Holocaust Memorial Day

Friday 27th January is Holocaust Memorial Day.

To mark the occasion, a display has been mounted in Ilkley Library featuring the hostel ‘Loxleigh’ that was established in 1939 on the corner of Mount Pleasant and Cowpasture Road.

During the tense pre-war period the British Parliament had agreed to admit an unspecified number of children from Hitler’s Germany who were in danger of being sent to concentration camps. Agonising decisions were made by parents to send their children alone on the ‘Kindertransport’

In Ilkley, a committee for the Care of Refugees was established and the hostel was opened, made possible by the efforts of the local Quaker community and earlier immigrants from Europe, many of whom had been successful in business in the West Riding.

The display features the stories of some of those who passed through the hostel including Sigi Wassermann and Edgar Klugman who came on the kindertransport and the story of Arnold Vanderhorst who came in 1945. Arnold had survived the war by hiding in woods near Arnhem. After the war, malnourished, Arnold was sent to the hostel in Ilkley to recuperate and then to join a new foster family in Ilkley.

On Friday, January 27th at 11.00 at City Hall, Bradford there is the annual Holocaust Memorial Day event, all are welcome.

On Monday January 30th at 11.00 in Ilkley there will be a short walk and talk from the Ilkley Library to the Kindertransport hostel in Cow Pasture Road by Nigel Grizzard.

Here we reproduce an extract from ‘Ilkley at War’ by Caroline Brown

Refugees in World War Two

The first boys coming to the hostel in Ilkley arrived on 6th March 1939, all of Jewish ancestry. These boys were aged between fourteen and sixteen and attended schools in Ilkley. Some of those placed in Ilkley came with the last children’s transport from Germany at the end of August 1939. One of the boys later described to a reporter of The Ilkley Gazette his joy at meeting a brother in England after he had lost all hope. It had been the last train to leave Germany with passengers bound for England. Another boy described waving goodbye to his parents and then a rush to get to the ship.

 ‘A very nice station master wired to Ostende for us in order to hold up the ship a few minutes…we arrived at Ostende and ran across the quay; the passengers on board were waving to us – and porters threw our luggage on board. Saved!’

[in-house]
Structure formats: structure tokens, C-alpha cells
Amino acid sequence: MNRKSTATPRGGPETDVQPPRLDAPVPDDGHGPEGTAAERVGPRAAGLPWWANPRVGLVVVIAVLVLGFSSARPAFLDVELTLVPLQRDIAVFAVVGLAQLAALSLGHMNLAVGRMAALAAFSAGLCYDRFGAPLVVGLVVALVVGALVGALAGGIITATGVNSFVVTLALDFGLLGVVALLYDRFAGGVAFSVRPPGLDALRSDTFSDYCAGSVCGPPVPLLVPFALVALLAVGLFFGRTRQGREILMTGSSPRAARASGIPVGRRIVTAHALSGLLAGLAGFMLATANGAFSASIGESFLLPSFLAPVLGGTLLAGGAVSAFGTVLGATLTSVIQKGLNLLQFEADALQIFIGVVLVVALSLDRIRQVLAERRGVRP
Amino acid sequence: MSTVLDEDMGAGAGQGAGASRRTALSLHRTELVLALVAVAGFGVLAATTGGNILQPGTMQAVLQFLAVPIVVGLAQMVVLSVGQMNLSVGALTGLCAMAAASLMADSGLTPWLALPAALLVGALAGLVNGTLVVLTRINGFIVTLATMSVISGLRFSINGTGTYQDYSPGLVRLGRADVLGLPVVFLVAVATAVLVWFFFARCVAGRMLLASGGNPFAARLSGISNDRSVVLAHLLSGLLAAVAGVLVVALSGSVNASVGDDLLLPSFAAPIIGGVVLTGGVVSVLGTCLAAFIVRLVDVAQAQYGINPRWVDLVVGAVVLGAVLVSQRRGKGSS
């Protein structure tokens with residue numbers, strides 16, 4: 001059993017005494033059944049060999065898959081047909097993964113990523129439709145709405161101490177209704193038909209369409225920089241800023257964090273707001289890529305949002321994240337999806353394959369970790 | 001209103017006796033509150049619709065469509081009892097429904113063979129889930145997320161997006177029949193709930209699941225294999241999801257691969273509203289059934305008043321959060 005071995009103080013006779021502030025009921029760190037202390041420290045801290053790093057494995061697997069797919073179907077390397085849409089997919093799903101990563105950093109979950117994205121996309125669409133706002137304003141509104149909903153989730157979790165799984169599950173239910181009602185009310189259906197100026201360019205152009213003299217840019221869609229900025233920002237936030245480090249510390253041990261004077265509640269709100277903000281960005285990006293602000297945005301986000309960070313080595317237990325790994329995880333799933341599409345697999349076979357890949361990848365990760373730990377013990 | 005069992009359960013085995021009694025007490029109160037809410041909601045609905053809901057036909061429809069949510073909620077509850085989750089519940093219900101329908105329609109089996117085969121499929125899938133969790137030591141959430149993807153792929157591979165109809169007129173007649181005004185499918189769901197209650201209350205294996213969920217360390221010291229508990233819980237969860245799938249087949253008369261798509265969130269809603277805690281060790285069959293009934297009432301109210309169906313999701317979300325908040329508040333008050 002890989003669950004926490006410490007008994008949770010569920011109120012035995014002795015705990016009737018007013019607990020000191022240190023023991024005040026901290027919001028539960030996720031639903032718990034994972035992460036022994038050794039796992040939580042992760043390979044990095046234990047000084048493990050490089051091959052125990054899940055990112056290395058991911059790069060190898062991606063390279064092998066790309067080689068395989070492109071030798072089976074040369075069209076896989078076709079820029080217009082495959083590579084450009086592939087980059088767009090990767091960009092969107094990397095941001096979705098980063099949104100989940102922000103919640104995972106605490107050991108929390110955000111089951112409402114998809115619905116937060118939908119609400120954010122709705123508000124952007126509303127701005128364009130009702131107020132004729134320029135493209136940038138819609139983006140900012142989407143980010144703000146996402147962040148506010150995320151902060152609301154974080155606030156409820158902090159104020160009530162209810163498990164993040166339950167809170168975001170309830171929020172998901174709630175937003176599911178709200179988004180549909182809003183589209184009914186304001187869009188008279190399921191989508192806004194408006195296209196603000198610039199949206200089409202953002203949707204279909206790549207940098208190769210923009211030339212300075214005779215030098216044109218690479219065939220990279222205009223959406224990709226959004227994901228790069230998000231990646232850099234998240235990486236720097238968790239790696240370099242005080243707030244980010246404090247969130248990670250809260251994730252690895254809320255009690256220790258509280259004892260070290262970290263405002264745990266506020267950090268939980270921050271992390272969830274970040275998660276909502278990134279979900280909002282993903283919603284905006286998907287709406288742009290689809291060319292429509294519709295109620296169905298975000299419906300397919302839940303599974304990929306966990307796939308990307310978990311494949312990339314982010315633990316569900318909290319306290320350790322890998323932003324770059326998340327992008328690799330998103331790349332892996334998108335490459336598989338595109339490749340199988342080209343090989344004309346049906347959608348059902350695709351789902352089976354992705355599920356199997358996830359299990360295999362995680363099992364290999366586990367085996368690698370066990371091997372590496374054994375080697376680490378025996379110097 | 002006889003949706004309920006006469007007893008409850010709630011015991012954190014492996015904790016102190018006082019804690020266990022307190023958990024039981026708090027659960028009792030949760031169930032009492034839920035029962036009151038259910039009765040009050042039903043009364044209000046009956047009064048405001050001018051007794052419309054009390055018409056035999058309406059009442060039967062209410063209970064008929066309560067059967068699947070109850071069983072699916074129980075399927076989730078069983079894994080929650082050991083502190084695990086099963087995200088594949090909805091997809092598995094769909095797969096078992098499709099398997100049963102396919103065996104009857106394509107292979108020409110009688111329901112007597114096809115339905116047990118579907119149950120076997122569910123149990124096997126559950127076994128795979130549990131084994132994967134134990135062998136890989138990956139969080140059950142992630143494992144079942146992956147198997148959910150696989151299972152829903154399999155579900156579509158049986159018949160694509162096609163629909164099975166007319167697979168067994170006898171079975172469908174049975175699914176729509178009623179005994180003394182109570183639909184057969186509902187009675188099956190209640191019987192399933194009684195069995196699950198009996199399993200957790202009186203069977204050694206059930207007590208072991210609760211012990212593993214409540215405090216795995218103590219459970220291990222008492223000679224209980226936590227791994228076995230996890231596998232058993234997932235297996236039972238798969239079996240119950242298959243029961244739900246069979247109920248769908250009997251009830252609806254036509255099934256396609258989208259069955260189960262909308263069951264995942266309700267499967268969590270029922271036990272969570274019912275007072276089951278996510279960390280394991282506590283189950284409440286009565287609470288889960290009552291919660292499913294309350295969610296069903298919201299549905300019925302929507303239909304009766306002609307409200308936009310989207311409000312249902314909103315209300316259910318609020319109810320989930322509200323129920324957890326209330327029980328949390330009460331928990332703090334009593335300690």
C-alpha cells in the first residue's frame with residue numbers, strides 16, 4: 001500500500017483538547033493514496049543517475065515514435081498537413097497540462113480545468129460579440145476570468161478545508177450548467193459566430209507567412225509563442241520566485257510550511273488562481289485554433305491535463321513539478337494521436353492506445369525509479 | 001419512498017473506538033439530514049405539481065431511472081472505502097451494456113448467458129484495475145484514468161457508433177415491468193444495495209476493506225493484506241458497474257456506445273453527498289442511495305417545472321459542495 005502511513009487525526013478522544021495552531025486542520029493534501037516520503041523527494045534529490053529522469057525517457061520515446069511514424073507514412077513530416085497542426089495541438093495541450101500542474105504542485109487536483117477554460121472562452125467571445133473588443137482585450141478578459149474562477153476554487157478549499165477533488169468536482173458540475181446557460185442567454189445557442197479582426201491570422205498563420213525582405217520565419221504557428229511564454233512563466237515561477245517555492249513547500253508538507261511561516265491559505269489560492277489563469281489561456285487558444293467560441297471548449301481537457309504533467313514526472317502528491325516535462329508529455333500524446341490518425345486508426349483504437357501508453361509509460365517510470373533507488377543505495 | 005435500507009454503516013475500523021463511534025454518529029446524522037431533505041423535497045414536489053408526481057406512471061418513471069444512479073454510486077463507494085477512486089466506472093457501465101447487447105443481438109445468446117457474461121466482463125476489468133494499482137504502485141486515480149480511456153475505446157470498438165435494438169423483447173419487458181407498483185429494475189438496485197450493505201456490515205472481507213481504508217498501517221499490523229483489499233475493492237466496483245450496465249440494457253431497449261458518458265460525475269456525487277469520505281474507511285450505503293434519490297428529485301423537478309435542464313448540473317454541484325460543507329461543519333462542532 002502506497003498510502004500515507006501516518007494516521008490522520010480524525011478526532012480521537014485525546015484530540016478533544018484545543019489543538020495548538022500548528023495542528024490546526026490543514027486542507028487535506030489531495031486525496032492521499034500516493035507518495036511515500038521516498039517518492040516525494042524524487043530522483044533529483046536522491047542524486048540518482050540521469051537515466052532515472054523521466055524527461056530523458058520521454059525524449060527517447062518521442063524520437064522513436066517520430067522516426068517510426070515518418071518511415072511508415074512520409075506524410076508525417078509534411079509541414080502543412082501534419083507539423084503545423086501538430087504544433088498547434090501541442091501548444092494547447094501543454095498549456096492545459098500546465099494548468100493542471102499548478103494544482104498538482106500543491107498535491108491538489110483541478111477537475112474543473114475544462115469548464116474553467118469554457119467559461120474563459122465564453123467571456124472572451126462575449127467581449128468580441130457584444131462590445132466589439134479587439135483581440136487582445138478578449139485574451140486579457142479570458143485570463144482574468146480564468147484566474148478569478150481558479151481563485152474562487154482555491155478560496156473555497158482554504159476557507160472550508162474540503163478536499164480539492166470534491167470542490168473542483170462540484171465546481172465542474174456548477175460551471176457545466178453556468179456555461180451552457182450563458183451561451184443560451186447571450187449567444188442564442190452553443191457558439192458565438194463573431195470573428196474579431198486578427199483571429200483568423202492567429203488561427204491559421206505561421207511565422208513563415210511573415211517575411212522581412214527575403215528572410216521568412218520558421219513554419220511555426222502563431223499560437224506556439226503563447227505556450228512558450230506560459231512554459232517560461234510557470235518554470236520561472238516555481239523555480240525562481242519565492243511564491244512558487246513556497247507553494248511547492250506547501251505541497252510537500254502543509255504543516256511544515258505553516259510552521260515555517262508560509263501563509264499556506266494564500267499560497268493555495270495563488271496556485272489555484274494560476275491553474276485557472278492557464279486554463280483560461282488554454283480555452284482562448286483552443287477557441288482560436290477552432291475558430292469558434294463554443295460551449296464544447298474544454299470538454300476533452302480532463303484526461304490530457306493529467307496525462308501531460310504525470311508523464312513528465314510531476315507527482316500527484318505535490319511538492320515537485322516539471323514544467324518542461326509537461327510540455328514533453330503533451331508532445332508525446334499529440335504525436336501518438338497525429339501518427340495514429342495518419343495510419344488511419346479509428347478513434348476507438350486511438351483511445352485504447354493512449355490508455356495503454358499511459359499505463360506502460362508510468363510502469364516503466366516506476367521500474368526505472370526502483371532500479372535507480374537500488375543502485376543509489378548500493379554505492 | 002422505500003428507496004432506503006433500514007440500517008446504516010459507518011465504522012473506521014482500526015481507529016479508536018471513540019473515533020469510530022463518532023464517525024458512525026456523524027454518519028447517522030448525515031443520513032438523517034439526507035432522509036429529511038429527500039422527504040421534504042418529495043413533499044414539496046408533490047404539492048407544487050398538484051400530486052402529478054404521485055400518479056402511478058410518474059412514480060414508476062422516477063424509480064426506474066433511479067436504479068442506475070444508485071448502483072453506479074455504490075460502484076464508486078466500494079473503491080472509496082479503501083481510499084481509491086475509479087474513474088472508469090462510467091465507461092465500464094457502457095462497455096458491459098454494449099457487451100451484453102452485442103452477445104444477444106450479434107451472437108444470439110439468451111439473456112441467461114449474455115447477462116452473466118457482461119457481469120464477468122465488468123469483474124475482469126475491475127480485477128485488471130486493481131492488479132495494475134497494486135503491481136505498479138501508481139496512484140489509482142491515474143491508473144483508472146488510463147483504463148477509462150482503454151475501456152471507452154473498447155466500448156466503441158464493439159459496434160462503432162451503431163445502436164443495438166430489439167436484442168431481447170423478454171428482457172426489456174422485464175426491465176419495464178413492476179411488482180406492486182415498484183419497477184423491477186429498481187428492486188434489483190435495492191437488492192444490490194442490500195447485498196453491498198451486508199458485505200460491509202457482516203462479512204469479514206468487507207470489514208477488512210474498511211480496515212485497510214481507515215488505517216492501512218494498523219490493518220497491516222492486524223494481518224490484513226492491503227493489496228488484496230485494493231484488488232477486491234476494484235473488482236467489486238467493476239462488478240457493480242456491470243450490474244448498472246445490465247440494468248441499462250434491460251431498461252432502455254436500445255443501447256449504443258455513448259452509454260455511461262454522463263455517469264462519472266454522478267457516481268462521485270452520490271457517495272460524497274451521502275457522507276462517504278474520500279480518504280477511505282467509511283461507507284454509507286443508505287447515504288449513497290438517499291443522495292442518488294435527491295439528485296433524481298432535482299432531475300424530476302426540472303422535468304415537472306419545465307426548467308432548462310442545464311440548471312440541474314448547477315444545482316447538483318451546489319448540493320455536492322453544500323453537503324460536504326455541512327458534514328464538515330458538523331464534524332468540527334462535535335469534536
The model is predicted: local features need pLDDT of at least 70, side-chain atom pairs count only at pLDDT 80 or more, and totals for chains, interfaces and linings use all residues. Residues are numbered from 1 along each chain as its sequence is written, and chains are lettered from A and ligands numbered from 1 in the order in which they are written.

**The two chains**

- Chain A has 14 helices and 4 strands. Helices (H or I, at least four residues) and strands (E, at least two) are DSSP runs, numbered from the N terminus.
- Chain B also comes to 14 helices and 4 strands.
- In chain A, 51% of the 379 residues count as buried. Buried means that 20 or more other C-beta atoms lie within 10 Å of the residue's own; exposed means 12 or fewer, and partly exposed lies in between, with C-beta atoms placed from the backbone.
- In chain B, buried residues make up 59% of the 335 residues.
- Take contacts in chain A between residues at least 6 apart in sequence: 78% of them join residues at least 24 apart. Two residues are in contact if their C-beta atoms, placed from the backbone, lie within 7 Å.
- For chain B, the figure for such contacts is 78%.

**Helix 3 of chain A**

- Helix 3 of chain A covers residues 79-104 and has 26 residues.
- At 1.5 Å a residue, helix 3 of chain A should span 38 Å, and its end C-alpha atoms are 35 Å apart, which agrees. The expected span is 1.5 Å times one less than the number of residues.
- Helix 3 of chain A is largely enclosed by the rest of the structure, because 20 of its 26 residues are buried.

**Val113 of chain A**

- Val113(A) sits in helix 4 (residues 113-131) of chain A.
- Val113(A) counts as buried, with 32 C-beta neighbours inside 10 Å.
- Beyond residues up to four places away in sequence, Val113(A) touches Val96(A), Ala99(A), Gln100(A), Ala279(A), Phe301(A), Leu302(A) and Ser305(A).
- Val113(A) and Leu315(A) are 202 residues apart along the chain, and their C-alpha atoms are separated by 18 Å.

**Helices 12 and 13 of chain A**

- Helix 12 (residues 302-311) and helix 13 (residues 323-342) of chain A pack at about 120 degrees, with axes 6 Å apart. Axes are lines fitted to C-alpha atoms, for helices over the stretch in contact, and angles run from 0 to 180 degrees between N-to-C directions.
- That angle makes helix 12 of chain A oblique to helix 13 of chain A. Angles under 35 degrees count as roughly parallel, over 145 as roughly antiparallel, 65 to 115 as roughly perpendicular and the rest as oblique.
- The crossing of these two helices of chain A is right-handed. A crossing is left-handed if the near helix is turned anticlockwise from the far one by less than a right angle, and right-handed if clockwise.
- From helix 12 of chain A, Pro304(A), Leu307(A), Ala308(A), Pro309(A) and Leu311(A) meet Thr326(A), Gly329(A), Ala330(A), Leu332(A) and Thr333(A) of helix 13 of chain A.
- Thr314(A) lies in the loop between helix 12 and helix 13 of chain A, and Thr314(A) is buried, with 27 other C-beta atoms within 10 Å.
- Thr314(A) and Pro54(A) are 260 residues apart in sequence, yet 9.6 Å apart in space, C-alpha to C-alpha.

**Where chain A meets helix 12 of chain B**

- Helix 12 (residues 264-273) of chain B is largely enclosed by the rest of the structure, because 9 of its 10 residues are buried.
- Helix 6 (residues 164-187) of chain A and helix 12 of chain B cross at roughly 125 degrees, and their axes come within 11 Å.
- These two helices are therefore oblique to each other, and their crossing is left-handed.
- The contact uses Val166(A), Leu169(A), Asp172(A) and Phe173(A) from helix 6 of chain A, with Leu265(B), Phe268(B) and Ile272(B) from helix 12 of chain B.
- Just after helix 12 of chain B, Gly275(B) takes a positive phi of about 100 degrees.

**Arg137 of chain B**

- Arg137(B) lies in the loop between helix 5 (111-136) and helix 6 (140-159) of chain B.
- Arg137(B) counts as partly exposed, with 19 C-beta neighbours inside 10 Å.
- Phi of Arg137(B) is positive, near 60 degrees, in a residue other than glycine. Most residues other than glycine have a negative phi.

Once on board ship he recalled:

‘It is fearfully wet and stormy. There are so many emigrants; it is all so sad – so many people who have lost their fatherland. We rejoice when we see the lights of Dover but we are so exhausted.’

 He describes the hostel at Ilkley:

‘I found myself in a very nice little room, with green curtains and a little cupboard and bed…everyone was very kind but I felt terribly lonely and I was tired to death by the unfamiliar work.’

 Members of the Ilkley Quaker Community later recalled the difficulty they had in locating these children in the gloom of Leeds Holbeck Station in the blackout.

In August 1939, a writer and teacher from Vienna, themselves refugees, became permanent wardens. In the months and years that followed, many other refugees, younger and older, passed through the hostel fleeing from persecution in Europe, sometimes sleeping eight to a bedroom.

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The six boys who arrived at the Hostel in Mount Pleasant, Cowpasture Rd, Ilkley from Dovercourt on 6th March 1939 as refugees from Vienna under the care of the Ilkley Committee for Refugees. Their ages are 14 – 16. Mr H Ferry, Warden of the Hostel is on the right.

Many of the boys learned occupations such as agriculture, joinery and mechanics and entered employment in various parts of the country; others were preparing for emigration and did not remain long. Some joined the forces and others were able to join relatives in Britain and overseas..

Battle of Britain

“Never in the field of human conflict was so much owed by so many to so few”. Those were the words of Prime Minister, Winston Churchill, regarding RAF Fighter Command’s part in the Battle of Britain, during the Summer of 1940, 75 years ago.

Keighley Library has a chilling reminder of the Luftwaffe’s air campaigns in the form of two maps brought from Germany after WW2.The war maps consist of British 6 inch Ordnance Survey maps, on to which has been superimposed the German grid system. The maps show military geographical data, supposedly gathered by April 1942, and provide the location of places of significance. They were produced, for service use only, by the Department for War Maps for the German Army General Staff and, significantly, they are second editions.

In his book, Keighley in the Second World War, Ian Dewhirst points out their disturbing thoroughness as a whole and, rather alarmingly, the potential targets highlighted by the Department in red, purple and black which include all types of industry, transport routes and centres, bridges and sources of water supply. One would hope that hospitals and schools were only noted to be avoided in any attack.

The related items shown are from the BMT/KE 10/WW2 collection.

Battle of Britain items

The photograph  below shows one of a batch of 200 Hurricanes bought in 1941 by public subscription – this one is Keighley’s, No Z2749.

Hurricane Aircraft